Debt can be confusing, so an example might help clarify things.
Imagine taking out a 12-year loan of $300,000 to buy a house and that paying off that loan will require payments of $25,000 per year. How much does that house cost? A reasonable person would say $300,000, or they might say that it costs $25,000 per year.
JLF would describe that house as costing $350,000: the lifetime cost of the debt, plus the first two years of debt payments. That is clearly wrong.
To reach a $6 billion estimate, JLF sums their estimated costs for FY 19-20 and FY 20-21, then – totally inappropriately – adds on the $2.5 billion unfunded liability associated with a five percent COLA for retirees.
With an annual cost of about $1.2 billion per year, the NCAE’s policy priorities are completely affordable. Tax cuts since 2013 – which have overwhelmingly benefited corporations and the wealthy – have drained $3.6 billion from state coffers. North Carolina’s funding effort – the amount it spends on schools relative to the size of the state’s economy – has fallen to 48th in the nation. If North Carolina made just the average school funding effort of other states, school funding would be $3.6 billion higher than it is now.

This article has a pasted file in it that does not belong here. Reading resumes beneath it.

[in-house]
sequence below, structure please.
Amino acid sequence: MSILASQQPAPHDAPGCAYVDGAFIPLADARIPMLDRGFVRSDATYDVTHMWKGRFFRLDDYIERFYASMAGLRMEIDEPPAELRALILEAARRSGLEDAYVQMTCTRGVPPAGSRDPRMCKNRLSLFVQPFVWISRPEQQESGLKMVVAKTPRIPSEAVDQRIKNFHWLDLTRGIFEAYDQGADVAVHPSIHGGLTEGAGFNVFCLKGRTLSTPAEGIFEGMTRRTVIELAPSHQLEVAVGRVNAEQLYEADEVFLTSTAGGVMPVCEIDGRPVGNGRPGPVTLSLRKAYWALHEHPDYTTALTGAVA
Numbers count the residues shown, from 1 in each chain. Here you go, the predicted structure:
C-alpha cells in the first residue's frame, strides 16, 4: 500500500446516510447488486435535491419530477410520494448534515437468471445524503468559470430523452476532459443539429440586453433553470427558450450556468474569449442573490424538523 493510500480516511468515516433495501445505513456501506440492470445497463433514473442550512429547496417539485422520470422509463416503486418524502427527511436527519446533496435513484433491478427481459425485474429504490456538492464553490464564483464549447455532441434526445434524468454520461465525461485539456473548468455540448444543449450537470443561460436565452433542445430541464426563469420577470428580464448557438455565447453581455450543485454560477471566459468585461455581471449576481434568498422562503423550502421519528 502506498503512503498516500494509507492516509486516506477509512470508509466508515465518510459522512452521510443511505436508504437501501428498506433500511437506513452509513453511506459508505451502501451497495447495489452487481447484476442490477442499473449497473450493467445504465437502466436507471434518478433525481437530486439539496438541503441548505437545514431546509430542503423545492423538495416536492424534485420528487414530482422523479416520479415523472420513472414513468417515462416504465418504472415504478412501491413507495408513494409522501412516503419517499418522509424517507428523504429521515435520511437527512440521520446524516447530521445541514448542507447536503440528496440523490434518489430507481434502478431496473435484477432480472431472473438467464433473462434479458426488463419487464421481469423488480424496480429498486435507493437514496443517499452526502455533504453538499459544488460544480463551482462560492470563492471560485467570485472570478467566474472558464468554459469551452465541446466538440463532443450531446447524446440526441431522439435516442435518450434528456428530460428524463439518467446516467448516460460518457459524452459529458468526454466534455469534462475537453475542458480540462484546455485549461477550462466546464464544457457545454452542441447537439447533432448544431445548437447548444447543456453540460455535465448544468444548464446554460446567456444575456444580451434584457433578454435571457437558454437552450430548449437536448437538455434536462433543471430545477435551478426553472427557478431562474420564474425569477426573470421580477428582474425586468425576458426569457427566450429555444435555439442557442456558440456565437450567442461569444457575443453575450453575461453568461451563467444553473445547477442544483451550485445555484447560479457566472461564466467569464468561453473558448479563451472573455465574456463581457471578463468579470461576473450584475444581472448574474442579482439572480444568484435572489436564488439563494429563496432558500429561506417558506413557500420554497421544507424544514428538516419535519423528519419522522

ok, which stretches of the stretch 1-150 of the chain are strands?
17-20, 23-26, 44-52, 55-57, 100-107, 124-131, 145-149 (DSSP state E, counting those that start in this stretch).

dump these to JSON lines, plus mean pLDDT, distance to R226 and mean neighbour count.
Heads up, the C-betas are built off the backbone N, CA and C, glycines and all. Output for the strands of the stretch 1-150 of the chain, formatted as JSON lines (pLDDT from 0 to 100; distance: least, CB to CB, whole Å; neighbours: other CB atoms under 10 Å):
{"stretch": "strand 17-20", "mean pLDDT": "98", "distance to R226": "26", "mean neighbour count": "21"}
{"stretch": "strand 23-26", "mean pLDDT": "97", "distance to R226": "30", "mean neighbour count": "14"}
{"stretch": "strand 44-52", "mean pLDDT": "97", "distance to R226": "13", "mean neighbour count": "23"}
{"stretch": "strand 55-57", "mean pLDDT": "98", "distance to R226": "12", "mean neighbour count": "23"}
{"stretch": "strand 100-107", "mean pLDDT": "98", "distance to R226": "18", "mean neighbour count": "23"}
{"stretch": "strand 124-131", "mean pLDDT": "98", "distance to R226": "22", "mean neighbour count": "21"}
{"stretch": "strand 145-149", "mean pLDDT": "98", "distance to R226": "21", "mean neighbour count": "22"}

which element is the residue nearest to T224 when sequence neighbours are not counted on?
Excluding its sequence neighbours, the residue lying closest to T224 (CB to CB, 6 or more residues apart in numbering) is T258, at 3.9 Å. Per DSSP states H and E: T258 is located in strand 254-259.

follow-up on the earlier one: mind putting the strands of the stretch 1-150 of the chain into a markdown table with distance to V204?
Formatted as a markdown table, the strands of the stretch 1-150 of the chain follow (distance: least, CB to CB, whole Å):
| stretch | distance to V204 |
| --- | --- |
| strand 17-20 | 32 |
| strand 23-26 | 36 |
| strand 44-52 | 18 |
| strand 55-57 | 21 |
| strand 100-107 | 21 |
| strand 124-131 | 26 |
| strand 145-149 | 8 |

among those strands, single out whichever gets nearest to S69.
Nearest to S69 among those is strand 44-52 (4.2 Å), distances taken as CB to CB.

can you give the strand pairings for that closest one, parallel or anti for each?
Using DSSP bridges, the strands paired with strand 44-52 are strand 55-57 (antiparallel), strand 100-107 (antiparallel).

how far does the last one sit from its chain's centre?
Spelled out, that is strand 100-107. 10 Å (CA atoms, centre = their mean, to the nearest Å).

NCAE and the thousands of teachers who marched in Raleigh on May 1 have presented a serious set of policy priorities that would strengthen our schools and materially improve the lives of our state’s children. A careful accounting of the costs shows that the policies are entirely affordable. To the extent that some might disagree with the NCAE’s policy agenda, let’s hope it’s not on the basis of misleading sources that overestimate the costs.
Kris Nordstrom is a senior policy analyst at the North Carolina Justice Center’s Education & Law Project.